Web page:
About 45-55 minutes ago I told Kate that we should dress for the funeral of a church friend before going to lunch. She had been outside working and was a mess. She thought my idea was a good one. When she had dressed, I told her that I thought we should go to Panera to save time before the funeral. She had completely forgotten that we were going to the funeral. She said, “Well, I can’t wear this to a funeral.” Then she went back to her room to change. Now we have even less time to dress before the funeral. It is now 1:07, and the service is at 2:00. This is the kind of thing that is becoming a daily occurrence. Even though I know that her short-term memory is going fast, it never crossed my mind to remind her.
I am feeling like Kate is in the midst of a more serious downward spiral than she has experienced before. Her short-term memory is becoming weaker and weaker. The biggest issue with this is time. She seems not to have any sense of time. I am trying not to push her to get ready for things like our Y breakfast this morning. I do my best not to push her, but it is never easy.
Yesterday at 11:55, I got her to come in from outside so that we could get a bite to eat and go to a 12:50 movie. There was also a 3:45. I gave her the option of going to the later showing, but she chose the earlier one. At 12:35 I went back to check on her. She had just gotten out of the shower and was not dressed. She sternly told me not to say anything. I didn’t and decided to wait until she was ready.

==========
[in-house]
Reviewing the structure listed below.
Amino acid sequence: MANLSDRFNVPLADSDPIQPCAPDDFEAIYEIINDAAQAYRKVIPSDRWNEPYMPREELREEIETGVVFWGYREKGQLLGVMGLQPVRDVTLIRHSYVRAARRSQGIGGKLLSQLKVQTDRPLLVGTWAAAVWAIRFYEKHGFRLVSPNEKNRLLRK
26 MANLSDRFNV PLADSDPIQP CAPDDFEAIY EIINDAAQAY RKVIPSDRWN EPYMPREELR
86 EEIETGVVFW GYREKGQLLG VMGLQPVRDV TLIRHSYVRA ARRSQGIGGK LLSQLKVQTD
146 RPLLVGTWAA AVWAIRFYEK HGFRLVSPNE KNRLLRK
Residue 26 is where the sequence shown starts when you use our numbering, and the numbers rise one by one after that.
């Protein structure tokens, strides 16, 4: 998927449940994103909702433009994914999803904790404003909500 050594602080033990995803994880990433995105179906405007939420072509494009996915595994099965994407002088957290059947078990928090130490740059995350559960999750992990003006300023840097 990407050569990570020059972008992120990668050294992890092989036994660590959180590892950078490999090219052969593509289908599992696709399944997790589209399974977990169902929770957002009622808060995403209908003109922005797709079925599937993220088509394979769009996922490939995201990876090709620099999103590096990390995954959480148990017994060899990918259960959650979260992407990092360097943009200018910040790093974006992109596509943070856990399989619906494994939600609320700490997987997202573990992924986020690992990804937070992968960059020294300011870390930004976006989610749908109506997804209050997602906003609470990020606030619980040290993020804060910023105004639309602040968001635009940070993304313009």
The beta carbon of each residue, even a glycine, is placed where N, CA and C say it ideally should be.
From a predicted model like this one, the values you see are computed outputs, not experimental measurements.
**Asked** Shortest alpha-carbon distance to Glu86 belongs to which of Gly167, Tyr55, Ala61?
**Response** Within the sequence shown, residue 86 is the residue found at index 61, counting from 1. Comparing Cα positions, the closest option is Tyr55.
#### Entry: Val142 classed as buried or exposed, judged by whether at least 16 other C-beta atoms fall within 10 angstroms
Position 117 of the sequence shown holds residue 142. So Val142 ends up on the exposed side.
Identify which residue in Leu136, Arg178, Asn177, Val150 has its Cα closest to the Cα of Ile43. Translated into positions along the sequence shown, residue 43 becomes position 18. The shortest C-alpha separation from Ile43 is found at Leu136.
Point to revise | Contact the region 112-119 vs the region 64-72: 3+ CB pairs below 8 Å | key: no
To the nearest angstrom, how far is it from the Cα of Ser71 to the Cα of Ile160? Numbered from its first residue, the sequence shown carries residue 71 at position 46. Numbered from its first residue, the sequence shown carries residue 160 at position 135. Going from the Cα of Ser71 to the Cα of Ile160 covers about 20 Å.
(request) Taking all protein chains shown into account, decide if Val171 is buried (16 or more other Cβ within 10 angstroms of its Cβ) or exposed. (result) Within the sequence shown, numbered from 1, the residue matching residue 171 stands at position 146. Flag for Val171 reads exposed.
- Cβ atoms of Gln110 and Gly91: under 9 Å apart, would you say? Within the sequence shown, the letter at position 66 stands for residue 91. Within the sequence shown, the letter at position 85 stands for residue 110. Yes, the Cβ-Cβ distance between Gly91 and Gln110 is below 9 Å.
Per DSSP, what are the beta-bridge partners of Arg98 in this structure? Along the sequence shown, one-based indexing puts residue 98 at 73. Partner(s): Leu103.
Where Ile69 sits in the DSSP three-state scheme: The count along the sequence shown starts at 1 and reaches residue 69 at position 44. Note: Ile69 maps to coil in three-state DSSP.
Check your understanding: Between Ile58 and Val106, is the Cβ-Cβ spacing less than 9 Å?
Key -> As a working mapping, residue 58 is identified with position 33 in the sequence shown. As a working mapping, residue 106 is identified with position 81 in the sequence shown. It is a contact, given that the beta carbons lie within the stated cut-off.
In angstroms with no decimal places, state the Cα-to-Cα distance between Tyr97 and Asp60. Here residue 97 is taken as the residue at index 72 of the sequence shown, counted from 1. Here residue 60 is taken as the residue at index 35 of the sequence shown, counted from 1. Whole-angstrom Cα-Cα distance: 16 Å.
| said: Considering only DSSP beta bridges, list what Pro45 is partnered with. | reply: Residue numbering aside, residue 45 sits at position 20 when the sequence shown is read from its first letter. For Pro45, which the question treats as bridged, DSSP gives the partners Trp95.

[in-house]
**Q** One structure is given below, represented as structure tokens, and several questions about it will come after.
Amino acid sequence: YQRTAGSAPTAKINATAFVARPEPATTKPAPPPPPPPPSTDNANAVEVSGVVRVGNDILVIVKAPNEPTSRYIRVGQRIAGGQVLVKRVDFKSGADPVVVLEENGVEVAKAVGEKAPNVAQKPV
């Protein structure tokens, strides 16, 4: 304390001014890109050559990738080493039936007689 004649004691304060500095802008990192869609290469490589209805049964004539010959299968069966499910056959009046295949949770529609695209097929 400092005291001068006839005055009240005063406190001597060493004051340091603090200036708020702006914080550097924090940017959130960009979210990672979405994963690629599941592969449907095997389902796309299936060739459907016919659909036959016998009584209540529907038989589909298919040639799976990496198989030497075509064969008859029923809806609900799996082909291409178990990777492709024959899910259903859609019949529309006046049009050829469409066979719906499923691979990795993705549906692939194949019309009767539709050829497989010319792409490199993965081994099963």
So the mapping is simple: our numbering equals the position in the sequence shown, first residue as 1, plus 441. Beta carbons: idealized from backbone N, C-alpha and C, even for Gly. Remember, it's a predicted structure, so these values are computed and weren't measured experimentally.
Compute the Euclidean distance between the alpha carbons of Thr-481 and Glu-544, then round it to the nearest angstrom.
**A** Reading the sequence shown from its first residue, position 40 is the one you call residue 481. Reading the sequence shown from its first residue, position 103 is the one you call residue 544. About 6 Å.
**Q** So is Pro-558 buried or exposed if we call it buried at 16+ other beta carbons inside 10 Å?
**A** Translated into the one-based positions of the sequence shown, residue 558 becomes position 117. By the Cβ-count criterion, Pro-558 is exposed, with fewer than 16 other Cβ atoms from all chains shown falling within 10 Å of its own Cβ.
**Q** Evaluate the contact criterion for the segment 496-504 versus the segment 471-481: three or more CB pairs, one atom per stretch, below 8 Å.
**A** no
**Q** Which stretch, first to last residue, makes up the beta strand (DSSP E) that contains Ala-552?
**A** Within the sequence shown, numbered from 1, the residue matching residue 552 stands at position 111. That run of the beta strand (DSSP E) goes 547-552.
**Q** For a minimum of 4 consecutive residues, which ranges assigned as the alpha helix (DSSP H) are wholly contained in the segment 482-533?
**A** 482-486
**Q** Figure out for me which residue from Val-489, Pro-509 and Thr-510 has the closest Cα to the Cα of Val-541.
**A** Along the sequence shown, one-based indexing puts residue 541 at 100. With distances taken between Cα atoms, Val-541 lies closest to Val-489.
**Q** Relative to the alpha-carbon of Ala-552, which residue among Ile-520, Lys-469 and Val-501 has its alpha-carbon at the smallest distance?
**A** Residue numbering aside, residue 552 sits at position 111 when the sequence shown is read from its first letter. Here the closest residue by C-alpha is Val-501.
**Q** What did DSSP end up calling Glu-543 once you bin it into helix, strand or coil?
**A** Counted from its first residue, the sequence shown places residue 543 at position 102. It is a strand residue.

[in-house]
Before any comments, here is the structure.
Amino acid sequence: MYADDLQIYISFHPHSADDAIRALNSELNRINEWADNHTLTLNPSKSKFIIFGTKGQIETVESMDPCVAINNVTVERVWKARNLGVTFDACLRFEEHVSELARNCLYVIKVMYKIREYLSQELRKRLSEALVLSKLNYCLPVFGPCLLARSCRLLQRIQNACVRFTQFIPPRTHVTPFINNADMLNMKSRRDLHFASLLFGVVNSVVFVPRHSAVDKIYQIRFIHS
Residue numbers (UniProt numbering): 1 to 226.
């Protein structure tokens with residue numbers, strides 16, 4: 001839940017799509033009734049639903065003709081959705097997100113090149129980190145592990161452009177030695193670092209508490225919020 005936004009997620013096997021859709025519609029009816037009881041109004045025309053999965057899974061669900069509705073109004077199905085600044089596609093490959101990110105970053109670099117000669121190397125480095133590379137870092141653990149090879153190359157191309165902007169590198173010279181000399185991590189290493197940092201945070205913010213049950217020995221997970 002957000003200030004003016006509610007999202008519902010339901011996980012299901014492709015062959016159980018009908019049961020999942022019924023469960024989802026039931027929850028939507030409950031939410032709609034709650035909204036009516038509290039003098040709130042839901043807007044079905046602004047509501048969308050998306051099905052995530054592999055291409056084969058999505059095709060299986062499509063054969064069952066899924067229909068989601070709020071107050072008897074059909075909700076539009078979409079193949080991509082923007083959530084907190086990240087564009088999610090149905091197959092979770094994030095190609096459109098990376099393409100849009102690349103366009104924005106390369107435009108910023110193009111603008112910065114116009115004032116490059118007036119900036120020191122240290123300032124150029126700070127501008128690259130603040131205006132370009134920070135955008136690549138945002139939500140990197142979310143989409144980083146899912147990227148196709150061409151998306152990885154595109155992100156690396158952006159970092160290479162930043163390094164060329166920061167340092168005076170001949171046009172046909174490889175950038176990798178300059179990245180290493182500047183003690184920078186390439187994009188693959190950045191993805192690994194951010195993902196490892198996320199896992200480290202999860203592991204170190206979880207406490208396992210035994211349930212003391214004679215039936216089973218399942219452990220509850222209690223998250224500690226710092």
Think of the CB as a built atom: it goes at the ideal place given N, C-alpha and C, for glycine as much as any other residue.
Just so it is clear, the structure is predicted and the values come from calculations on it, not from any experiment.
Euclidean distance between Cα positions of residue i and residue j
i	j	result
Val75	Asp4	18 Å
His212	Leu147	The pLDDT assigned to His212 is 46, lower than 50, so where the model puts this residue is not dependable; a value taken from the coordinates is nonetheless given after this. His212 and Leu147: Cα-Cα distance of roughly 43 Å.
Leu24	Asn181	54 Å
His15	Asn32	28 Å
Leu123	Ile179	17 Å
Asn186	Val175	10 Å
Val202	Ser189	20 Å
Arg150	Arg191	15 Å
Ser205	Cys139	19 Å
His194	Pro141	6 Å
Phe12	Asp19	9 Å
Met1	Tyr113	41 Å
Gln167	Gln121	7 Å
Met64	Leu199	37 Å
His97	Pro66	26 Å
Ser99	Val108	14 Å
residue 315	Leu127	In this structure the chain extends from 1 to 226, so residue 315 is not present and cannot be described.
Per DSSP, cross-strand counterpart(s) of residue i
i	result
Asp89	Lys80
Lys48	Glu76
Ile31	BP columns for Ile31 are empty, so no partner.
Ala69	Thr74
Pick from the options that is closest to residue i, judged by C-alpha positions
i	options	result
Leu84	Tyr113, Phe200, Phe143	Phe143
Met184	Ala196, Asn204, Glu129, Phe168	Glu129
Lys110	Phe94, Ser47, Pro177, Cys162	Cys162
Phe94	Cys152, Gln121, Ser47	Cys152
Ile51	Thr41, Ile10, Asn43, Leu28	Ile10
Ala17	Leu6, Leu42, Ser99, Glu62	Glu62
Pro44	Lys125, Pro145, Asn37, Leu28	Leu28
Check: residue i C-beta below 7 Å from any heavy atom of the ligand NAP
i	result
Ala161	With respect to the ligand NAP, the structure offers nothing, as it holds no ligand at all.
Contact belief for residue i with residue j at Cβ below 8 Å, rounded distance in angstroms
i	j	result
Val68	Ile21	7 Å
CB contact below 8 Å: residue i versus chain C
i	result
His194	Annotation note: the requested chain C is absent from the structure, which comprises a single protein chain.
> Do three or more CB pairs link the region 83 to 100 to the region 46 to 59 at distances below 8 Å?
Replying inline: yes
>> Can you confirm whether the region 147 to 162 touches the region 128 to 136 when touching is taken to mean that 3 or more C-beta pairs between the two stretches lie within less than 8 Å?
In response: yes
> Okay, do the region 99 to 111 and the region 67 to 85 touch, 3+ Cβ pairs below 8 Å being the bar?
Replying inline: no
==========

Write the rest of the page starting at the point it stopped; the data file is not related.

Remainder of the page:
Finally, at 2:00 (an hour and ten minutes past the start time for the movie) I went to check on her. I found her on the bed in the large guest room. I asked if she were getting hungry. She said, “yes.” She got up slowly, and we went to Panera. While there, I told her the movie would start at 3:45 which gave us time to go back home for a while. She never realized that she had forgotten about the 12:50 movie. In this case that was just fine. In other situations, we don’t have other options. For example, going to the symphony, Sunday school, a theater production, etc.
I have mentioned previously that I am only now seeing how important short-term memory is to daily functioning. This seems like the kind of behavior that we commonly associate with someone with dementia. I must admit that this scares me a bit.